Zulip Chat Archive

Stream: general

Topic: bundled in category_theory

Sean Leather (Oct 04 2018 at 12:53):

I just discovered bundled in category_theory.category:

structure bundled (c : Type u  Type v) :=
(α : Type u)
[str : c α]

This seems very useful. In particular, I'm thinking it can help me remove [decidable_eq α] that I have to state everywhere by allowing me to bundle the condition. So, I have a couple of questions:

1. I think it would be helpful to define this outside the category_theory directory because it's not inherently tied to category theory. Do people agree? Should it be in data/bundled.lean or somewhere else?
2. Do the [/] brackets do anything different from (/) here? #print bundled doesn't give any clue.
3. What does str abbreviate? I've typically seen str for string, but I don't think that makes sense here. Is it structure? If so, why? It seems more like a type function being bundled with its parameter, so I'm not clear where the structure comes in.

Kevin Buzzard (Oct 04 2018 at 12:57):

I believe that the only difference the [] makes within the structure is that you can use type class inference within the structure itself. So I am going to stick my neck out and suggest that in this case, where we don't need str to be inferred in any of the other fields, the [] is no different to (). Apologies if I've written something misleading / wrong here. I think the way to make type class inference pick up on str is to have the obvious instance immediately after the definition of the structure.

Scott Morrison (Oct 04 2018 at 13:05):

I think Johannes suggested the [ ] here, and I never thought too hard about it.

Scott Morrison (Oct 04 2018 at 13:06):

str is indeed for structure. We earlier had carrier instead of a.

Scott Morrison (Oct 04 2018 at 13:07):

Regarding bundled, I've found that it has limited use, because as soon as you're past the first round of examples, you want to bundle up multiple typeclasses, and you're back to writing a custom structure for each set of typeclasses you're interested in.

Sean Leather (Oct 04 2018 at 13:34):

I can see how it is not suitable for more involved structures. This applies as well to sigma, subtype, etc. (And, even for cases that fit those, it often seems better to define your own structure.) That said, it is still a unique point in the design space and useful for many cases in which you don't need/want to define a structure.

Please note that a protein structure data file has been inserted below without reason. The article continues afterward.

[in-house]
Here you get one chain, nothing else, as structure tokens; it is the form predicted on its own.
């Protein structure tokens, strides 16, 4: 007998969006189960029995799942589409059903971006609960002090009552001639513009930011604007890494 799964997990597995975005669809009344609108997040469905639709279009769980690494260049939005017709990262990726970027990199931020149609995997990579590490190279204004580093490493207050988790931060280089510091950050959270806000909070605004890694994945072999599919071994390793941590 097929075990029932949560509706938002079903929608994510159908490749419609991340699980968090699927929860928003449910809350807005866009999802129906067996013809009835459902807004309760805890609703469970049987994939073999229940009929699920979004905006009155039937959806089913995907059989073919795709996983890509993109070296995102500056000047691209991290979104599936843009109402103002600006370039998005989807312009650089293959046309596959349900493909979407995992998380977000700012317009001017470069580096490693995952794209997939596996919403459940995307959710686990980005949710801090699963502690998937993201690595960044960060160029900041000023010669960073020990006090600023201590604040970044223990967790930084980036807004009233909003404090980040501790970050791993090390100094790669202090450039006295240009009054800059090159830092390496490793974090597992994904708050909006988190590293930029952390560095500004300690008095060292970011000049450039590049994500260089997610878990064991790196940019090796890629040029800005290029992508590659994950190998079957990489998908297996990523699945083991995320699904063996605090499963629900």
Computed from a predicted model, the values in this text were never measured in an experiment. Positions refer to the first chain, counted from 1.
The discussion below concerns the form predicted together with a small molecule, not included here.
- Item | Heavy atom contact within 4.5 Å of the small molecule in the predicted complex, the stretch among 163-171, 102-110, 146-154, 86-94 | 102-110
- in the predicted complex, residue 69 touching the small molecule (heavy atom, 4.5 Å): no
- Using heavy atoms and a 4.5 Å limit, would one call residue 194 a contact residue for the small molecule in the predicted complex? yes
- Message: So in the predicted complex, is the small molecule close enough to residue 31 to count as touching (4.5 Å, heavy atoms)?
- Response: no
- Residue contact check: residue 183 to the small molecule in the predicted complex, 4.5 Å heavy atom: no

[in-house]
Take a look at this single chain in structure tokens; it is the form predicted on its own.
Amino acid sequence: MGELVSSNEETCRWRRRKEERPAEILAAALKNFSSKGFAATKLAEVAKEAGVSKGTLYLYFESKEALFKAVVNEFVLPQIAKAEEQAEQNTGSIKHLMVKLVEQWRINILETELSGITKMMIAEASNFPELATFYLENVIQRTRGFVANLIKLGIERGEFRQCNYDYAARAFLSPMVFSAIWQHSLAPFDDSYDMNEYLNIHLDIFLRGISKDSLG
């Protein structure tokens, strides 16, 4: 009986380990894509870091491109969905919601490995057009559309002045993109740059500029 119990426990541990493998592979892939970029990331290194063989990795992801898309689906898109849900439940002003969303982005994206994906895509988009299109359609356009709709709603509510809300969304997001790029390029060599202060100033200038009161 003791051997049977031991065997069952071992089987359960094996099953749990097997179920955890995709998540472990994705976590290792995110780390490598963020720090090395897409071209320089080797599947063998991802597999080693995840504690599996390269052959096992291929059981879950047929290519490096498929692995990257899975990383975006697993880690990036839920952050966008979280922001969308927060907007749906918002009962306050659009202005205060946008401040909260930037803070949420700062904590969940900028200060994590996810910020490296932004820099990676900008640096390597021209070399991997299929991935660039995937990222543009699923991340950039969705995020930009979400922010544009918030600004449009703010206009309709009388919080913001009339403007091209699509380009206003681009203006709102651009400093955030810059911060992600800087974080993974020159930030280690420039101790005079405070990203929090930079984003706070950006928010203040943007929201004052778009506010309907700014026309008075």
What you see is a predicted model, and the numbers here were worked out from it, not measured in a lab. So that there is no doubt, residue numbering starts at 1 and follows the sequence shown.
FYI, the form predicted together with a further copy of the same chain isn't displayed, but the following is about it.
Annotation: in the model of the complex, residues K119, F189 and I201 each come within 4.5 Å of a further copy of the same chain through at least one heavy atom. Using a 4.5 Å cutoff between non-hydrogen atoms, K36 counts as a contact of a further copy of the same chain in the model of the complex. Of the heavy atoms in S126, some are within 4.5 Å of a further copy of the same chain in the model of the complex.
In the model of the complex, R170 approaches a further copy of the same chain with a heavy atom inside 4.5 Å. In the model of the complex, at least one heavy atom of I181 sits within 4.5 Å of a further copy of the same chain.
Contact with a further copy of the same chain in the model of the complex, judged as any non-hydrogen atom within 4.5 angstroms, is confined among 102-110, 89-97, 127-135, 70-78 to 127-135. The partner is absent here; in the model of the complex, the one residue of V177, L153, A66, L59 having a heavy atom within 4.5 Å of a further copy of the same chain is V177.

Sebastian Ullrich (Oct 04 2018 at 15:47):

The binder types (brackets) used in a structure declaration are reflected in the structure's constructor

Kevin Buzzard (Oct 04 2018 at 16:16):

Aah so my post is inaccurate. Thanks Sebastian.

Sean Leather (Oct 05 2018 at 06:05):

The binder types (brackets) used in a structure declaration are reflected in the structure's constructor

@Sebastian Ullrich Ah, of course. Thanks!

Sean Leather (Oct 05 2018 at 08:49):

Here's the resulting PR.

Johan Commelin (Oct 06 2018 at 08:04):

I added a comment: https://github.com/leanprover/mathlib/pull/390#discussion_r223174490

@[reducible] def Meas : Type (u+1) := bundled measurable_space
instance (x : Meas) : measurable_space x := x.inst

The comment says:
Would it be possible to autogenerate these instances? Everytime we bundle a class we want an instance like this. This probably means that bundled has to become meta. I don't know. But I think it would take away one of those "minor annoyances" if all these instances would just be there, automagically.

Mario Carneiro (Oct 06 2018 at 08:06):

You can't hook in to inductive aux theorem generation, but you can have a derive handler

Mario Carneiro (Oct 06 2018 at 08:07):

You could add an attribute to Meas that does the instance generation

Mario Carneiro (Oct 06 2018 at 08:07):

but I don't think you will gain much over just writing that one line

Mario Carneiro (Oct 06 2018 at 08:08):

it's not like there are that many bundled classes. This is a negligible fraction of the work

Last updated: Dec 20 2023 at 11:08 UTC